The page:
"[I]n the time and pastoral context that these verses were written, where a family and its flock camped near another pastoralist family, the act of hosting and feeding these friends or strangers was the norm. It was also the custom 'to heap' embers from the host’s cook fire into a container so that the guest could carry these embers--on their head---to their own campsite. There they could start a fire to cook food and warm themselves at night. These acts were considered a way of showing care and respect for the ‘other’ by meeting certain basic needs."

It is easiest to love enemies who are distant from us. At close range, even our friends can annoy us. As Dorothy Day put it,

"It is not love in the abstract that counts. Men have loved a cause as they have loved a woman. They have loved the brotherhood, the workers, the poor, the oppressed - but they have not loved man; they have not loved the least of these. They have not loved personally. It is hard to love. ... It is never the brothers right next to us, but the brothers in the abstract that are easy to love."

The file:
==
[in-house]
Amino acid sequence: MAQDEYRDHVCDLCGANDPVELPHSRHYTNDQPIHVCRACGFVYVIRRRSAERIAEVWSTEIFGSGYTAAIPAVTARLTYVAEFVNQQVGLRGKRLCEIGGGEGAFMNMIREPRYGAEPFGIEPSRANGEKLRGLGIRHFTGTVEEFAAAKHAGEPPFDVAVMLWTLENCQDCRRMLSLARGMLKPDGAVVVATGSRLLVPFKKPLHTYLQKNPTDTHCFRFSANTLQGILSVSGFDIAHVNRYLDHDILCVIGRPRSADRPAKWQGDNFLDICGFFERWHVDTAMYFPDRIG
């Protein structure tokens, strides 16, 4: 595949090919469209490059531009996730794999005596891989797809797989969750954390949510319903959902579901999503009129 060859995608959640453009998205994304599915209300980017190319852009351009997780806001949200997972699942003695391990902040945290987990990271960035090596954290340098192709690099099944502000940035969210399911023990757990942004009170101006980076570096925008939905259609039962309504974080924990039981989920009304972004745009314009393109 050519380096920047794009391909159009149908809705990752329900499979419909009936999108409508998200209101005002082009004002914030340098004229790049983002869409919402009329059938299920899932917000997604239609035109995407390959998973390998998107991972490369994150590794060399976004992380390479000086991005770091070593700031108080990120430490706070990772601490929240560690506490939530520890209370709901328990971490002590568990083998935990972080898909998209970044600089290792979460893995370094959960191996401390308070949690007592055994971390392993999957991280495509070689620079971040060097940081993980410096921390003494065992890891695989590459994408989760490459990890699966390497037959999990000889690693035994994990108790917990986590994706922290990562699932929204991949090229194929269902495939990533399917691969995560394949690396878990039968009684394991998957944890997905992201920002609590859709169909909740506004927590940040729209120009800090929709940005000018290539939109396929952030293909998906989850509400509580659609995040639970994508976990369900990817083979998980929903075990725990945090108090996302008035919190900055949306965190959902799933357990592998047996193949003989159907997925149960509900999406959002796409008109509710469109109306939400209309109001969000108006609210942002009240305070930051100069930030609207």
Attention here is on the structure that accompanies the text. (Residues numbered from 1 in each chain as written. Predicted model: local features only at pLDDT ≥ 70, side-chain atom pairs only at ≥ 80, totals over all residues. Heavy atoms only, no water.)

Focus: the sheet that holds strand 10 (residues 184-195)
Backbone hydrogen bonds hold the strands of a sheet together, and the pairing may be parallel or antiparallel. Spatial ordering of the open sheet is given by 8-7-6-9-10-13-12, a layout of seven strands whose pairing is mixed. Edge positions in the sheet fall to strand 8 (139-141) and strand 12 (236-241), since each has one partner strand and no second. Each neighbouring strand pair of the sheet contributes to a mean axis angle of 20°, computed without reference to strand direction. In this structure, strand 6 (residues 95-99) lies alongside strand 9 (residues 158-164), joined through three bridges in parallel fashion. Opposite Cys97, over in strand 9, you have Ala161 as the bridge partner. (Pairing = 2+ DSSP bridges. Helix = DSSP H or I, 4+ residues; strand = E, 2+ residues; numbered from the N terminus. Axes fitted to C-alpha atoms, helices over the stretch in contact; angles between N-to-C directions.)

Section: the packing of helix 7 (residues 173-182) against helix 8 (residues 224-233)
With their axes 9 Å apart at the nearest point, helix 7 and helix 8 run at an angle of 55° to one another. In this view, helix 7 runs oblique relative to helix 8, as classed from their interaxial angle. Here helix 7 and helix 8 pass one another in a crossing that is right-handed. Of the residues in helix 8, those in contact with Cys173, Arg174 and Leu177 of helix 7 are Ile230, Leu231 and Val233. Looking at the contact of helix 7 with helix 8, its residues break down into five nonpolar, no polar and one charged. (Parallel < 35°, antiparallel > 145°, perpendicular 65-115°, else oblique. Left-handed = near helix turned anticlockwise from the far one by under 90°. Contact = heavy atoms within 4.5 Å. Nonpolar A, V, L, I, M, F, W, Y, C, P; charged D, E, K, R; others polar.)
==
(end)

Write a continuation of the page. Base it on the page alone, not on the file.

I suspect this truth is at the bottom of many of our conflicts. It is easy to convince ourselves that we are loving people, kind people, or patient people. I have to laugh – or groan - when I catch myself thinking something like, "I'm a patient person, but so-and-so just gets under my skin." Patience is defined by peace and gentleness with exactly the folks that 'get under my skin,' and there is no special virtue in being patient with those who don't irritate me.